Thursday, May 6, 2010

Sea Turtles play a large role in Southern History

The huge oil spill off the coast of Louisiana could impact the entire Gulf Coast of the United States by the time its done, doing extensive environmental and economic damage. Among the creatures already being impacted are the huge sea turtles that have lived along the coast of the South for thousands of years.

Some of these unique reptiles grow to be more than 6 feet long and they have long played a role in Southern history. Ancient Indians, for example, not only dined from time to time on the meat of the giant turtles, but also used them as inspiration for prehistoric art. This seems to indicate that sea turtles were of both dietary and ceremonial significance to early Native Americans all along the Southern coast.

Early European and African settlers weren't particularly interested in the ceremonial aspects of the sea turtles, but they did consider them a tasty treat from time to time. Diaries, letters and other accounts of life in the South during the 17th, 18th and 19th centuries routinely mention turtle soup and even eating the eggs of the sea turtles.

Somehow, though, despite their popularity on the table, the sea turtles survived. In Georgia, for example, five different species still lay their eggs and swim in the waters around the coastal islands. All are now protected by both state and federal law. Their numbers diminished rapidly over the course of the 20th century, due to loss of habitat, increased pollution and accidental collisions with boats and fishing nets. They are today carefully watched all along the Southern coast.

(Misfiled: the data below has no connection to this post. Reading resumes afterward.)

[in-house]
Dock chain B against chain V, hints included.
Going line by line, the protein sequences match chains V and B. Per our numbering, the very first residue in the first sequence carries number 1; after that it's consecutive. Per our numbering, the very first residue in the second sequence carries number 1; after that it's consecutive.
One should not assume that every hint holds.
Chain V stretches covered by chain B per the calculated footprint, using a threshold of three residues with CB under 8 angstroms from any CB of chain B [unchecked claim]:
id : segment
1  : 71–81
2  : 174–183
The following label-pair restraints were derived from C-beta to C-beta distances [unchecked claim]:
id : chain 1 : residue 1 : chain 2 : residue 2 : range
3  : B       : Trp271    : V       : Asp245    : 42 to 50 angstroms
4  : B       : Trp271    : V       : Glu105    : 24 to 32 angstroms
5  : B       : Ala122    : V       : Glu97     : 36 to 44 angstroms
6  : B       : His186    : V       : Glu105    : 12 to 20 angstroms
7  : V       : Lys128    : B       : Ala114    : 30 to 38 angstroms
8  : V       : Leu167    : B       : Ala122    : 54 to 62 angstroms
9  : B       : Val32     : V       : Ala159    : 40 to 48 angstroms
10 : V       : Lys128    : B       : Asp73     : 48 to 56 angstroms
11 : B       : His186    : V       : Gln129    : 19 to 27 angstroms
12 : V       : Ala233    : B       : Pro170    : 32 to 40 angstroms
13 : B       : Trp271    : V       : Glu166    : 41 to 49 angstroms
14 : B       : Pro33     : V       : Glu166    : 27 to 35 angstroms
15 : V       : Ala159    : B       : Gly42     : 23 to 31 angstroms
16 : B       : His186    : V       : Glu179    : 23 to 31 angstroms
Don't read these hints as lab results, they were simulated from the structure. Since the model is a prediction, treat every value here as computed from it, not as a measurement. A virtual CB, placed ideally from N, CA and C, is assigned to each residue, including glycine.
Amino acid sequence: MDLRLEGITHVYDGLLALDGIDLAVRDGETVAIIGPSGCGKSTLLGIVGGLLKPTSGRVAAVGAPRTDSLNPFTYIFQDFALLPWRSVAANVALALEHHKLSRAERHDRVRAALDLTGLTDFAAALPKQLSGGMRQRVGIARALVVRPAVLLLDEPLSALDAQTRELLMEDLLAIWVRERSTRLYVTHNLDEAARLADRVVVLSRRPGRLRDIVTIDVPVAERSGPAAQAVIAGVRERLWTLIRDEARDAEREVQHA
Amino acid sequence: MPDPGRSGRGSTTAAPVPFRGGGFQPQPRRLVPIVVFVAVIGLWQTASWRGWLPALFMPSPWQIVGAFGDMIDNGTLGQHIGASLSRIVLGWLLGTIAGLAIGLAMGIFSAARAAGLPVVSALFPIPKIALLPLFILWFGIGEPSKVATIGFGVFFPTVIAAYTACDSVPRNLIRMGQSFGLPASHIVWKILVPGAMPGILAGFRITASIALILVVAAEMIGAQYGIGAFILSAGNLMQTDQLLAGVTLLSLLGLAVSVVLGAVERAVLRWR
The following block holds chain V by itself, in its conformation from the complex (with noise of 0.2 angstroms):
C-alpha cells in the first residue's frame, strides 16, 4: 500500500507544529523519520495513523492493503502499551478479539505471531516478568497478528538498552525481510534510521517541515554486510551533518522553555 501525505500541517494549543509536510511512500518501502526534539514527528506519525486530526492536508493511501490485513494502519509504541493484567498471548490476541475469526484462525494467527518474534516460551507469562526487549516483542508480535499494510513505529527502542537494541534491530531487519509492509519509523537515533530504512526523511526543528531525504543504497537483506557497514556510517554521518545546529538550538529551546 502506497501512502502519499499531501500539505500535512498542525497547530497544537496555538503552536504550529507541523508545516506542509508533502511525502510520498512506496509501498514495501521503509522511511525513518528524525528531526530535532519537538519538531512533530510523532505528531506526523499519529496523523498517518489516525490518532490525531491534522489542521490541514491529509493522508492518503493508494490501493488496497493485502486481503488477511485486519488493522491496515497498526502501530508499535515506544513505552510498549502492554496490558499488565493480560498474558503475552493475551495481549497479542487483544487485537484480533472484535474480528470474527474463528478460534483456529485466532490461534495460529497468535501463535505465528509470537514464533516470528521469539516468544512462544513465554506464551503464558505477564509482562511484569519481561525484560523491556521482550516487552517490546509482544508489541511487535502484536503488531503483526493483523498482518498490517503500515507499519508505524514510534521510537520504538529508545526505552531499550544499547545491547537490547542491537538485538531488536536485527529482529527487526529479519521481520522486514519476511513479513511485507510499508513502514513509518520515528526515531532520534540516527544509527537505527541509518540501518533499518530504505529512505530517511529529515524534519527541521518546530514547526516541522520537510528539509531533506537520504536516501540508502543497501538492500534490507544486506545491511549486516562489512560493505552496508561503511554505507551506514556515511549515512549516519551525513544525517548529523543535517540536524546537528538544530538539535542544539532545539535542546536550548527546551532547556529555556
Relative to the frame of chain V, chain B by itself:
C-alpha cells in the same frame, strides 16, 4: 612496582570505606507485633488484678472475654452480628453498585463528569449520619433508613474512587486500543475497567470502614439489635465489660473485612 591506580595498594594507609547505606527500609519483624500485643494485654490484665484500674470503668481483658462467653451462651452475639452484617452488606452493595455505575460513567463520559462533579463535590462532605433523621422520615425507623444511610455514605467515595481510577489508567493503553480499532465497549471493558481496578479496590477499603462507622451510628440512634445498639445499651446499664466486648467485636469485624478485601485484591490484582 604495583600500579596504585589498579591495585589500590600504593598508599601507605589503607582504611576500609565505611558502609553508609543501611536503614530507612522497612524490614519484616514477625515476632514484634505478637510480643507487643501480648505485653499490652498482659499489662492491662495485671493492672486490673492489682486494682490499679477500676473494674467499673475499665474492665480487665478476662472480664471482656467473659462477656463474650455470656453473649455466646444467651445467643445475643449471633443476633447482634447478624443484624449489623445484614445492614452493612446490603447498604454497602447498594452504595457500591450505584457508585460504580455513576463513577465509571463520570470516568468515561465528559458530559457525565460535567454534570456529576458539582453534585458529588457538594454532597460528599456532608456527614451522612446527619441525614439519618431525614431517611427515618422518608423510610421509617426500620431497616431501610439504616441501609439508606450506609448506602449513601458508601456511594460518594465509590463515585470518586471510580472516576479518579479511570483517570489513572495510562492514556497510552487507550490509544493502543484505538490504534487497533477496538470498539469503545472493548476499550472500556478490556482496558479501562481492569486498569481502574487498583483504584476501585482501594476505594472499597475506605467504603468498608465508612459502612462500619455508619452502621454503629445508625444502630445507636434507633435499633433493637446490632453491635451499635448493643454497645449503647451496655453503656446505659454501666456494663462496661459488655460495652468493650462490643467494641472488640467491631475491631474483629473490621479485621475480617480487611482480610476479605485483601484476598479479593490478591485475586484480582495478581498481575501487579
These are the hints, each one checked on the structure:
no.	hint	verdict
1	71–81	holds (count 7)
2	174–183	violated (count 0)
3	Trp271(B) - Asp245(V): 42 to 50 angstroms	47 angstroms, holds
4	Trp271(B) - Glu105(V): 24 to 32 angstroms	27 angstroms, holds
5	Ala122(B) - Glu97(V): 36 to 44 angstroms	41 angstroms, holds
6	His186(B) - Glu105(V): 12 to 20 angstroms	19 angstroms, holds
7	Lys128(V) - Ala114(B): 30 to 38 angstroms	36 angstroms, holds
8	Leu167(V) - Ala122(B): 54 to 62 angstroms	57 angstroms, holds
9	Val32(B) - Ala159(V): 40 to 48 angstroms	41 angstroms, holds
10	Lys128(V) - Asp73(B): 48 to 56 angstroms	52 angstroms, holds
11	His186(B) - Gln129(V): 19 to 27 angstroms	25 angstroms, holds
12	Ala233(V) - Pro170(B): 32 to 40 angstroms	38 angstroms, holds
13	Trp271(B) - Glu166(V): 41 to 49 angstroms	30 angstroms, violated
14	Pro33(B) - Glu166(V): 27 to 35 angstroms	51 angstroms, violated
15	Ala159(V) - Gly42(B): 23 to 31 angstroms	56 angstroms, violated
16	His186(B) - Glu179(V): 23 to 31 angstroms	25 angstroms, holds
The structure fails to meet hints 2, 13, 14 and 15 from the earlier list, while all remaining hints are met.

If the oil spill continues to spread as some fear, the impact to the marshes and beaches of the Gulf Coast could be severe. Time will tell. Regardless of what happens, one of the best places to learn about and see the huge turtles is actually on the Atlantic Coast at the Georgia Sea Turtle Center on Jekyll Island. The facility operates a very nice interpretive center that features interactive exhibits to help visitors learn more about the lives of these threatened creatures.

The center also serves as a sea turtle rescue and rehabilitation facility that helps sick or injured sea turtles until they can be returned to the wild. Visitors are allowed to visit the large pools and see the turtles in their various stages of recover. To learn more, please visit

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